Federal district courts may — and this court does, by Internal Operating Procedure 15(a) — refer cases and proceedings involving or relating to bankruptcy matters to bankruptcy judges. 28 U.S.C. § 157(a). Nevertheless, the district court may withdraw any such reference "for cause shown." Id.*fn1 Courts consider the following factors to determine if cause exists: judicial economy, promotion of uniformity and efficiency in bankruptcy administration, reduction of forum shopping, delay and costs to the parties, the particular court's familiarity with the case, and whether the adversary proceeding is "core" or "non-core." Coe-Truman Technologies, Inc. v. U.S. Government, 214 B.R. 183 (N.D. Ill. 1997). Because the bankruptcy judges have specialized expertise in bankruptcy law, references of core proceedings are seldom withdrawn in this district. Indeed, the "most important" factor is "whether the adversary proceeding sought to be withdrawn is core or non-core." Id. at 187.

  "[A] proceeding is core . . . if it invokes a substantive right provided by title 11 or if it is a proceeding that, by its nature, could arise only in the context of a bankruptcy case." Id. (quoting Diamond Mortgage Corp. of Illinois v. Sugar, 913 F.2d 1233, 1239 (7th Cir. 1990), cert. denied, 498 U.S. 1089 (1991)); see also 28 U.S.C. § 157(b)(2) (listing matters considered core). In slightly different terms, the Seventh Circuit has stated,
Core proceedings are actions by or against the debtor that arise under the Bankruptcy Code in the strong sense that the Code itself is the source of the claimant's right or remedy, rather than just the procedural vehicle for the assertion of a right conferred by some other body of law, normally state law.
In re U.S. Brass Corp., 110 F.3d 1261, 1268 (7th Cir. 1997). By contrast, a proceeding is non-core if it "does not invoke a substantive right created by federal bankruptcy law and is one that could exist outside of bankruptcy," Barnett v. Stern, 909 F.2d 973, 981 (7th Cir. 1990), such as where the debtor has a cause of action against a third party that can be determined without respect to bankruptcy law. Although such a proceeding "may be related to bankruptcy because of its potential effect, . . . it is [nonetheless] an `otherwise related' or non-core proceeding." Id.*fn2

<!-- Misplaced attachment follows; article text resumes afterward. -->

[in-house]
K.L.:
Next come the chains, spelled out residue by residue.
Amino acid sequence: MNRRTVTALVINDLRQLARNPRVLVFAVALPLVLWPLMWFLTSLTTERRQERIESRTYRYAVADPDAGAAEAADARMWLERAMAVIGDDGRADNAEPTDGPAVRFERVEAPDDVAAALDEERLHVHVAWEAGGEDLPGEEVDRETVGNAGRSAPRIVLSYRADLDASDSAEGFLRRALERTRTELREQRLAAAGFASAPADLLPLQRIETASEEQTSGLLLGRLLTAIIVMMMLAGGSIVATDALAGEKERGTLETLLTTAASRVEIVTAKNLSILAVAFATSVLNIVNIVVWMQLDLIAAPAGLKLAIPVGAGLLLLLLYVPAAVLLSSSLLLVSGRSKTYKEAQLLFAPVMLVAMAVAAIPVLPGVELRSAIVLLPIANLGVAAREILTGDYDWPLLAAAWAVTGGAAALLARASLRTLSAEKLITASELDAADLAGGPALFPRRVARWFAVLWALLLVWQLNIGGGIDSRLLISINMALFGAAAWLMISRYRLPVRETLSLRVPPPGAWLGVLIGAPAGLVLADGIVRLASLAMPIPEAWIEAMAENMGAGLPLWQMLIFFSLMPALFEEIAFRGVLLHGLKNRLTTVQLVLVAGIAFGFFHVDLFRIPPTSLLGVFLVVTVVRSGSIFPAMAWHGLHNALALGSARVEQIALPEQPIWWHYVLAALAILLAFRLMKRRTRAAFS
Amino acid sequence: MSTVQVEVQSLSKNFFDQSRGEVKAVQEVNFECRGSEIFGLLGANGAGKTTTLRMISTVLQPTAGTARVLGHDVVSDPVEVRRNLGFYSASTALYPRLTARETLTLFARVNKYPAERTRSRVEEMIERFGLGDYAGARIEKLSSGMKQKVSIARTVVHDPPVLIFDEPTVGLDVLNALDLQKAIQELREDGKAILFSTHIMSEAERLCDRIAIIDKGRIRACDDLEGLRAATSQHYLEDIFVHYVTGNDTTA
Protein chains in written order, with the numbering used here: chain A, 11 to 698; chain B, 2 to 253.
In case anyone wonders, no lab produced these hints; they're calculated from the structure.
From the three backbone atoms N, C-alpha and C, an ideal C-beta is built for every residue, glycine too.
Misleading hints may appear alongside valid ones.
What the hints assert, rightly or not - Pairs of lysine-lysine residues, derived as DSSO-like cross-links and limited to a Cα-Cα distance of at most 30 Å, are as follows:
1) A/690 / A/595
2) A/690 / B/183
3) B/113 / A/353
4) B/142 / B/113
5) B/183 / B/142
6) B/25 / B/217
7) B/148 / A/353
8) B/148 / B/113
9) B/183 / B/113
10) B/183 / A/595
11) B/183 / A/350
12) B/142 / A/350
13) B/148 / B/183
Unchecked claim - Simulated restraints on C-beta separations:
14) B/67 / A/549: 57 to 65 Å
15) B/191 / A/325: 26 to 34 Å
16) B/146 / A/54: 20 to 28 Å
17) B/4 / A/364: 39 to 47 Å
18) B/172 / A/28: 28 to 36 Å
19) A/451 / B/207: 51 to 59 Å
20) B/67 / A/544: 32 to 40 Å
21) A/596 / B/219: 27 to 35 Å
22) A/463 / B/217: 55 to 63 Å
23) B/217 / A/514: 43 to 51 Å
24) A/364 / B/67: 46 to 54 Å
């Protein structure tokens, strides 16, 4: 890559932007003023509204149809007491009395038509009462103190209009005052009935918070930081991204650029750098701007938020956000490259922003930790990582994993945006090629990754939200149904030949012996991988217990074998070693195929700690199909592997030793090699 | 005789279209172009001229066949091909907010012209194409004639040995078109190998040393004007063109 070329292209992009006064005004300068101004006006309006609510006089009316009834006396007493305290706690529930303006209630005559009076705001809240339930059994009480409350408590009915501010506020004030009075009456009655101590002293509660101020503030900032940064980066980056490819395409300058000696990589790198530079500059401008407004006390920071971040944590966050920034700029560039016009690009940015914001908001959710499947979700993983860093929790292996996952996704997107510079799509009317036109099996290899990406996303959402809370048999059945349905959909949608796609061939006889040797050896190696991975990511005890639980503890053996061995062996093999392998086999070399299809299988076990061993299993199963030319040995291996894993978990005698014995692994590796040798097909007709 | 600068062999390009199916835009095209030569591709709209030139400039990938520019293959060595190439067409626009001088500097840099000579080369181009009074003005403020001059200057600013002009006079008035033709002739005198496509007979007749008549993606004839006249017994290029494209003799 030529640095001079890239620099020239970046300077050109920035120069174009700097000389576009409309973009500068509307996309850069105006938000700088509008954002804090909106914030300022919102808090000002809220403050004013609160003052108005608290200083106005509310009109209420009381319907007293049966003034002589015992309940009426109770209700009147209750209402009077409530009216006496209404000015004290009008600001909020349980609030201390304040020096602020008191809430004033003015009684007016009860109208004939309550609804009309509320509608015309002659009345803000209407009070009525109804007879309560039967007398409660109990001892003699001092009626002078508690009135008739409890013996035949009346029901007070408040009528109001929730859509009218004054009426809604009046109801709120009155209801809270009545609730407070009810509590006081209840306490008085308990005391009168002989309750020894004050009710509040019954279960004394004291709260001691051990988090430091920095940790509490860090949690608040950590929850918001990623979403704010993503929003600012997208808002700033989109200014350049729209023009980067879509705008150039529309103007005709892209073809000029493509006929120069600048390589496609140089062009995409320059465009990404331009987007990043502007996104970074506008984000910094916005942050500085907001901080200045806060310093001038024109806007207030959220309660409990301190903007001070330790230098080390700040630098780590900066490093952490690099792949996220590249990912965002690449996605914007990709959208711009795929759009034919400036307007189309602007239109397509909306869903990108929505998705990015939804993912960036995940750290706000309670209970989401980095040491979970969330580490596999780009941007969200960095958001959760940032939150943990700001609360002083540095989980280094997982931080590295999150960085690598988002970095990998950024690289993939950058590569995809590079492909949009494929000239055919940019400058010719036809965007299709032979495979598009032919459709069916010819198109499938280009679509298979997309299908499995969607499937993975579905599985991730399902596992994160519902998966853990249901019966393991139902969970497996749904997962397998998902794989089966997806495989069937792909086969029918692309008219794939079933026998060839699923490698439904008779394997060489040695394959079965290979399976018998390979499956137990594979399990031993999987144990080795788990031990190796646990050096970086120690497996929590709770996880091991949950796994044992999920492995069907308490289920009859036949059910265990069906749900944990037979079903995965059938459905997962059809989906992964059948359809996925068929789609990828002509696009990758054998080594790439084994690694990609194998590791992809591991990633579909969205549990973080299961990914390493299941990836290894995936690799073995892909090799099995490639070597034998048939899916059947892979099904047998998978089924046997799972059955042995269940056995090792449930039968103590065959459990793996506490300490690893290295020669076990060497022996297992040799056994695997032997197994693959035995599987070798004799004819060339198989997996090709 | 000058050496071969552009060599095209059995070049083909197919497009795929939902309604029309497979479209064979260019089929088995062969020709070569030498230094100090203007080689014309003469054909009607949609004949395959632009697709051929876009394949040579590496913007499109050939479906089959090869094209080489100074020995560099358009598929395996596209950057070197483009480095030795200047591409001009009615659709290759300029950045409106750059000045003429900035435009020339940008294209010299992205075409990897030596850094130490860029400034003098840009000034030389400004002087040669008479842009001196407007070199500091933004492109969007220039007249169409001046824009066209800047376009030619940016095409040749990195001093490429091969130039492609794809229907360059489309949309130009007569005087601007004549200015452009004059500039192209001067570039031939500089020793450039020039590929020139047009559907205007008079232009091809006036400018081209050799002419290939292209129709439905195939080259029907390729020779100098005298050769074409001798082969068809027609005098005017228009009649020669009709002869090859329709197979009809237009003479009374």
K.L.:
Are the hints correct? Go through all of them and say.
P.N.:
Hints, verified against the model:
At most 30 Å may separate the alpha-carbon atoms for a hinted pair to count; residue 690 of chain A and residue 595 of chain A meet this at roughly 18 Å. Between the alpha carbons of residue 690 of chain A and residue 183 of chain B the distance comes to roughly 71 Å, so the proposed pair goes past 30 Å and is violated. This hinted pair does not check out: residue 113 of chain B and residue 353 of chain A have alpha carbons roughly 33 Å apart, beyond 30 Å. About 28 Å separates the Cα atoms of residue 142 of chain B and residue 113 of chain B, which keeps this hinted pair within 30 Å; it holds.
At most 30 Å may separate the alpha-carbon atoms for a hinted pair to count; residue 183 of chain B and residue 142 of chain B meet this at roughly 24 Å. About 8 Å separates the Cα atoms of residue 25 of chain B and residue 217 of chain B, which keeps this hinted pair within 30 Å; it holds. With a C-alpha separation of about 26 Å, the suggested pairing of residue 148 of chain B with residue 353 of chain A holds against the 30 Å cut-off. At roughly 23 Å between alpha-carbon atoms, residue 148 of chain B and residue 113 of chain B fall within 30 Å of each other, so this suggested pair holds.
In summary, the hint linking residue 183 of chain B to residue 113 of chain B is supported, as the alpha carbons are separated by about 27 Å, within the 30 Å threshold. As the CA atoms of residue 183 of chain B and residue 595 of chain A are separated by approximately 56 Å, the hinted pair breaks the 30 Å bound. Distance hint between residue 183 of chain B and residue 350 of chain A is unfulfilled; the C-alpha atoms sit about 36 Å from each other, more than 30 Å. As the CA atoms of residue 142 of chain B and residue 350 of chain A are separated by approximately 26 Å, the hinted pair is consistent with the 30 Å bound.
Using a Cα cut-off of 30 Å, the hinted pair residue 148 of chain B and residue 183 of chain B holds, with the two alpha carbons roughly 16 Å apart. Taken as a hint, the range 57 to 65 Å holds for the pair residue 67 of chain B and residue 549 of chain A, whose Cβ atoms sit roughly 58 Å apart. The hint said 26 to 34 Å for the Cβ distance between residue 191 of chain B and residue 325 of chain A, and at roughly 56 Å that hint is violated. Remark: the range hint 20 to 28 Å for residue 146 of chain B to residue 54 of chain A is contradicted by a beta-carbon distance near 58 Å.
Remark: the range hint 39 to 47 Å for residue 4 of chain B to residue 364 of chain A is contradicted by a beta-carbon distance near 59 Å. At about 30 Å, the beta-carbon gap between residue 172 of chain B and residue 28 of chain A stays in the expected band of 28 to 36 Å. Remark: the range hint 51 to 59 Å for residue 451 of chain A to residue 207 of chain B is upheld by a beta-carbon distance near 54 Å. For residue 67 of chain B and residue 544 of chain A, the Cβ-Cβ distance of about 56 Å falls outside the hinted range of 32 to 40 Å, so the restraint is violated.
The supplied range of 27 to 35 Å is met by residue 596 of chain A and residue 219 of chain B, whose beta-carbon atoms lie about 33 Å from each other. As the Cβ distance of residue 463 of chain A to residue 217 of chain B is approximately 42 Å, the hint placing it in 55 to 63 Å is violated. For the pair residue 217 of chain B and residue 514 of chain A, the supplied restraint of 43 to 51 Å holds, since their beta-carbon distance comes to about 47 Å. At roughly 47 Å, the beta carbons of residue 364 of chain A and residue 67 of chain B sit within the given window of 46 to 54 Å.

CVI argues that the court should not withdraw the reference because "the present adversary proceeding is a core proceeding . . . because it invokes substantive rights provided by title 11, namely the right to collect upon an asset of the estate." (CVI's Memo. in Resp., at 7.), citing U.S. Brass, 110 F.3d at 1268 (citing In re Shondel, 950 F.2d 1301, 1305 (7th Cir. 1991); The Home Insurance Co. v. Cooper & Cooper, Ltd., 889 F.2d 746 (7th Cir. 1989); In re Vitek, Inc., 51 F.3d 530, 534 (5th Cir. 1995)). This reads "core proceeding" too broadly. True, a bankruptcy judge may determine that an asset (such as an insurance policy) is property of the estate as a necessary threshold to an order to turn over property of the estate, a core matter under § 157(b)(2)(E), or to an order requiring liquidation of an asset of the estate, a core matter under § 157(b)(O). But a claim against a party who is a stranger to the bankruptcy case (e.g., has not filed a claim), alleging the fact or scope of coverage that depends on interpretation of state law, is not a core proceeding, because either the fact or scope of coverage falls squarely within the definition of non-core proceeding: it asserts a right that could exist outside of bankruptcy; it is a cause of action against a third party that can be determined without respect to bankruptcy law.